Repeat steps 1 and 2 from above, but put the jar in a warm sunny window for a week or two, then transfer to a darker spot to infuse another week or so. The heat from the warm sunny window helps gently speed up the infusing process a bit.

The Slower Traditional Infusing Method

This way requires more patience and time, but results in a strongly infused and lovely oil. Repeat steps 1 and 2 above, but instead of infusing over heat, you’ll put a lid on the jar and tuck it away in a cabinet or on a shelf and let it infuse for at least 4 to 6 weeks, shaking occasionally as you remember to.

jar of basil infused oil

Salve Recipes

Here are three recipes to try. Feel free to experiment with basil infused oil in other skin care recipes as well!

1. Basil First Aid Salve

This is an ultra-basic salve for minor skin irritations, inflammation, bug bites, scratches, and such. If you leave out the essential oils, you could also use it as a lip balm.

Yield: about 4 ounces of salve


*Use 0.25 oz (7 g) candelilla wax instead of beeswax, if vegan.

How to Make

  1. Combine the infused oil and beeswax in a heatproof jar or container.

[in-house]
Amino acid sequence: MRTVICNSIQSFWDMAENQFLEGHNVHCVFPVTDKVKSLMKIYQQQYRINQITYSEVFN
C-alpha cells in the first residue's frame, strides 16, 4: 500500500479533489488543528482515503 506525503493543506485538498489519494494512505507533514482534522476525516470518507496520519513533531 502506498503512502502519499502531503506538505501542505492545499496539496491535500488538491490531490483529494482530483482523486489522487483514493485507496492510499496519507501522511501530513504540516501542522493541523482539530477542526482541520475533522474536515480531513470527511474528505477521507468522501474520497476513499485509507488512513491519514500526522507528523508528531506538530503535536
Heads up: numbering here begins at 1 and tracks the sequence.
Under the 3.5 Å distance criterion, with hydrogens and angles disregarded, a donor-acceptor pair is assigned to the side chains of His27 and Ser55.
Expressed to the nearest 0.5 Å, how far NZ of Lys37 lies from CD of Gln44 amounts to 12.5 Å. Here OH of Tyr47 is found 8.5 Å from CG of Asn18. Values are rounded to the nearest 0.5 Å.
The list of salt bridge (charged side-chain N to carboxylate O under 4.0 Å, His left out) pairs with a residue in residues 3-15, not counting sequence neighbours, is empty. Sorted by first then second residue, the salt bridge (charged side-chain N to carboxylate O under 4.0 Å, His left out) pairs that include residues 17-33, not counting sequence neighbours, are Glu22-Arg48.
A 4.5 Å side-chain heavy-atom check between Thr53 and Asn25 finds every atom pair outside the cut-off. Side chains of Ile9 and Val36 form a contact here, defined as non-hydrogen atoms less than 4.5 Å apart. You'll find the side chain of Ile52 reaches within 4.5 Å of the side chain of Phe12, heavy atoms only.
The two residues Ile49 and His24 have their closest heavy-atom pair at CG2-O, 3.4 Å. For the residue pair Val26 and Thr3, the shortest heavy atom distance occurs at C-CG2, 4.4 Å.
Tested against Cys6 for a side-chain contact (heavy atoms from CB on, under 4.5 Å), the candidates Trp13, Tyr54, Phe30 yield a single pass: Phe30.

2. Place the jar down into a saucepan with a few inches of water, forming a double boiler.
  3. Heat over medium-low heat until completely melted.
  4. Remove from heat and add the essential oil, if using.
  5. Pour into a 4-ounce tin or glass jar.
  6. Let cool before putting the top on the container.
  7. Store in a cool dry place.
  8. Shelf life is at least 1 year.

2. Basil Headache Salve

This salve cools pain and opens your sinuses. Rub it into your forehead, temples, jawline, neck, and behind your ears. Don’t apply too close to your eyes and don’t allow any to get into your eyes or nose. This salve has a 3% essential oil dilution rate and is designed for short term uses by healthy adults or older teens; not for young kids.

Since this salve is going on your face, I suggest using a combination of light oils that absorb in easily, such as grapeseed, rice bran, jojoba, fractionated coconut oil, and/or apricot kernel oil.

Yield: about 4 ounces of salve


*Use 0.25 oz (7 g) candelilla wax instead of beeswax, if vegan.

How to Make

Follow the same directions as for making the first aid salve above.

3. Basil Aches & Pains Salve

This salve is suitable for adults or older teens to use for joint pain, muscle aches, leg cramps, and general soreness from overwork or arthritis. It has a 3% essential oil dilution rate. If possible, dried arnica and/or dandelion flowers would be a great addition to the basil, when making the infused oil.